Being a specialist has its own perks, but so does being a generalist.
You have been freelancing for a while now.
You’ve established a decent income and a stable clientele. You’re adept at acquiring new clients, and your plate is already full of work.
Then, you hit a roadblock. Expanding your client base no longer translates to a higher income.
“Jack of all trades, master of none”
This is relevant to freelancing, especially when starting. Initially, you may accept any work that comes your way, trying your hand at a little of this and that.
When you’re new to freelancing, to understand your strengths and work skills, it’s important to try your hand at new niches. The early stages of your career offer the prime opportunity to experiment.
That’s perfectly fine, and if it pays the bills, who cares, right?
As you progress, you may want to specialize at some point in your freelance career.
What does specializing mean for a freelancer?
Specialization entails becoming an expert in your field, making you more appealing to industry clients.
- You’ll be in higher demand,
- Can charge more for your services,
- Provide high-level expertise
- Deliver in-depth knowledge for those seeking it.
Specializing gives you a unique selling point, making it easier to market your services and establish your brand. It can help you attract specific clients, such as those who share your passion for a particular cause.
How to pick your specialization as a freelancer?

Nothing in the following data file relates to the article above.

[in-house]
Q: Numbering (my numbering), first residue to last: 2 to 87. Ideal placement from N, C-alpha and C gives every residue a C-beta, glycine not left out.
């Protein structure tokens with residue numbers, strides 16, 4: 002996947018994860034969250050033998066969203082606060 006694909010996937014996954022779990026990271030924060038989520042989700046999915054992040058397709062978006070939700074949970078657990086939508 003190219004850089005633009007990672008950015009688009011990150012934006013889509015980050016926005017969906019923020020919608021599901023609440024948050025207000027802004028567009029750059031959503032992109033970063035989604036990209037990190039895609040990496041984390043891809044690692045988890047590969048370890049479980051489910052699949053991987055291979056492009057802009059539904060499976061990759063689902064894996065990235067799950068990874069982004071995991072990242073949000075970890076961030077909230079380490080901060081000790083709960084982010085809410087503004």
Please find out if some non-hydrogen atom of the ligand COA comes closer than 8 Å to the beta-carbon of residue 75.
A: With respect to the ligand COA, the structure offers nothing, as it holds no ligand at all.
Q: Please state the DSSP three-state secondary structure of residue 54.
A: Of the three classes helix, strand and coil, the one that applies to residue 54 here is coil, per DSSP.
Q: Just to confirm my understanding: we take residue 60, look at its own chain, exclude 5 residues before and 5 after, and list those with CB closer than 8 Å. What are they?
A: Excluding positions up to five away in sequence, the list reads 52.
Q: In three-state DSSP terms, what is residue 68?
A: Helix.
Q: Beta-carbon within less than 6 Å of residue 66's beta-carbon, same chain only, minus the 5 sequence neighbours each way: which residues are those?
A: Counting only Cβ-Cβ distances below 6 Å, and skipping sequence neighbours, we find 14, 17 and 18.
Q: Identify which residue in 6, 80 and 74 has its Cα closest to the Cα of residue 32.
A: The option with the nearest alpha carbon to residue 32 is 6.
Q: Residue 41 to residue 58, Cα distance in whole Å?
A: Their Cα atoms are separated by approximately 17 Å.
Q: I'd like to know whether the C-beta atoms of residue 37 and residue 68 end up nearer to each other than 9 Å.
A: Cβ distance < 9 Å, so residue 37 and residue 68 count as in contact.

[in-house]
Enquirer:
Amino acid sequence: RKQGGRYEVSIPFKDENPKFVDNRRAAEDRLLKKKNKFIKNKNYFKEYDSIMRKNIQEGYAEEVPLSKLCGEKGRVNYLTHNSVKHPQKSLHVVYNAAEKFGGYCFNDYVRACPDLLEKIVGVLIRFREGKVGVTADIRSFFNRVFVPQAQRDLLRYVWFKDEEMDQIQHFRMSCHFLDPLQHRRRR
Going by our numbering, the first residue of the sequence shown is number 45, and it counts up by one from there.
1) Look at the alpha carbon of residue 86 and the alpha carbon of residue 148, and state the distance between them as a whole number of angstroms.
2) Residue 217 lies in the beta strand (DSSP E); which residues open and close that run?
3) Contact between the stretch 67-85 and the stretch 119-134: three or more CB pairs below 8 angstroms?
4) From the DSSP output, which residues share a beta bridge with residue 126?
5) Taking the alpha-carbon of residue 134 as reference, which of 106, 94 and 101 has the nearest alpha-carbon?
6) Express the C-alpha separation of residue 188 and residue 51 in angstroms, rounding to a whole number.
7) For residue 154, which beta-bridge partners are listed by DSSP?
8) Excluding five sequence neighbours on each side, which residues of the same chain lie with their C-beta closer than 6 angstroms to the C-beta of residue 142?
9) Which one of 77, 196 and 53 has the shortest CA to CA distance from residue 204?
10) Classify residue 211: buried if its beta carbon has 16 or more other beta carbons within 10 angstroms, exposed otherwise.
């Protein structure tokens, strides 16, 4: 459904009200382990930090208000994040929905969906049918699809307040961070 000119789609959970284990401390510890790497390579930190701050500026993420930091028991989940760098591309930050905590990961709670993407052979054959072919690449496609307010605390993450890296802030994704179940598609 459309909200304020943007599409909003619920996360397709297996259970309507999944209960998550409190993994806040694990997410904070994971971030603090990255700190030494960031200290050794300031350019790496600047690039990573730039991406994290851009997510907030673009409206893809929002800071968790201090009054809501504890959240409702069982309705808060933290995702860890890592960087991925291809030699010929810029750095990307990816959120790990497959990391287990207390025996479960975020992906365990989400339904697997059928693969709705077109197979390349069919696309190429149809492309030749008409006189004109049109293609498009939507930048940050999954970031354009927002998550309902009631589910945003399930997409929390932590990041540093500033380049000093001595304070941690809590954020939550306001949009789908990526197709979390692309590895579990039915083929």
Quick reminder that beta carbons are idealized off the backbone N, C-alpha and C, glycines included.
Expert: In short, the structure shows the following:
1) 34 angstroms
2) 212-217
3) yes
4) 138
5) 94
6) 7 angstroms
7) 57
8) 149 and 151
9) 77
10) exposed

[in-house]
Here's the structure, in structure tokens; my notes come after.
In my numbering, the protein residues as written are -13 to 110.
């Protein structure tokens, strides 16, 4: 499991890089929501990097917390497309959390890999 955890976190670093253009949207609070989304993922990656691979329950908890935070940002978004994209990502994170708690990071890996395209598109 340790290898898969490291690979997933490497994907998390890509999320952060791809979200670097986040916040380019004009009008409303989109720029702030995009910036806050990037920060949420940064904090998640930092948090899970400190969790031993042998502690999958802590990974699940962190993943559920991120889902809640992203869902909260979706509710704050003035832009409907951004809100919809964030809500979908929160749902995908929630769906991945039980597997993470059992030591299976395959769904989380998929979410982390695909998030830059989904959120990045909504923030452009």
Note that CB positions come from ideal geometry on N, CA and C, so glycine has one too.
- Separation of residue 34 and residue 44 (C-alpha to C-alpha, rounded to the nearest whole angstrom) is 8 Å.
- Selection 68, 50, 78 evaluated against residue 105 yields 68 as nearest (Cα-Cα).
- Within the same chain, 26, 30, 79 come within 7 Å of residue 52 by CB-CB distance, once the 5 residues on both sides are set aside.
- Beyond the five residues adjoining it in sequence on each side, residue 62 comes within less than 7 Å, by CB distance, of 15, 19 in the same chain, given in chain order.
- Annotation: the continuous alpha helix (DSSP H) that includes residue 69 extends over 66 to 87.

Ask yourself the following —
- Do you have a background in a subject or gained experience in a particular area?
- Have you discovered you enjoy some types of work more than others and would like to take on more of those jobs?
There’s no right and wrong answer to choosing your niche or niche. And yes, you can select more than one, but shoot for only 1–3 specialties through services or niches/sub-niche of your target segment.
Here are the 3 steps to aid your process if you are planning to niche down:
- Find out what you’re good at
- Determine what you LOVE to do
- Consider lucrative revenue streams.
B2B SaaS is a huge market.
E-commerce, HR, and marketing are the B2B SaaS domain niches. You can deep dive to find the sub-niches and specialize in the same.
The benefits of specialization as a freelancer
Freelancers who have been doing this for a while will tell you you’ll earn more money if you get specific. This might seem counterintuitive, but in hindsight, you may ask, “How can a niche market pay me more?
To become an expert in that field, you must gain expertise and become a better subject matter expert. Industry-specific clients look for freelancers with previous experience in a particular space.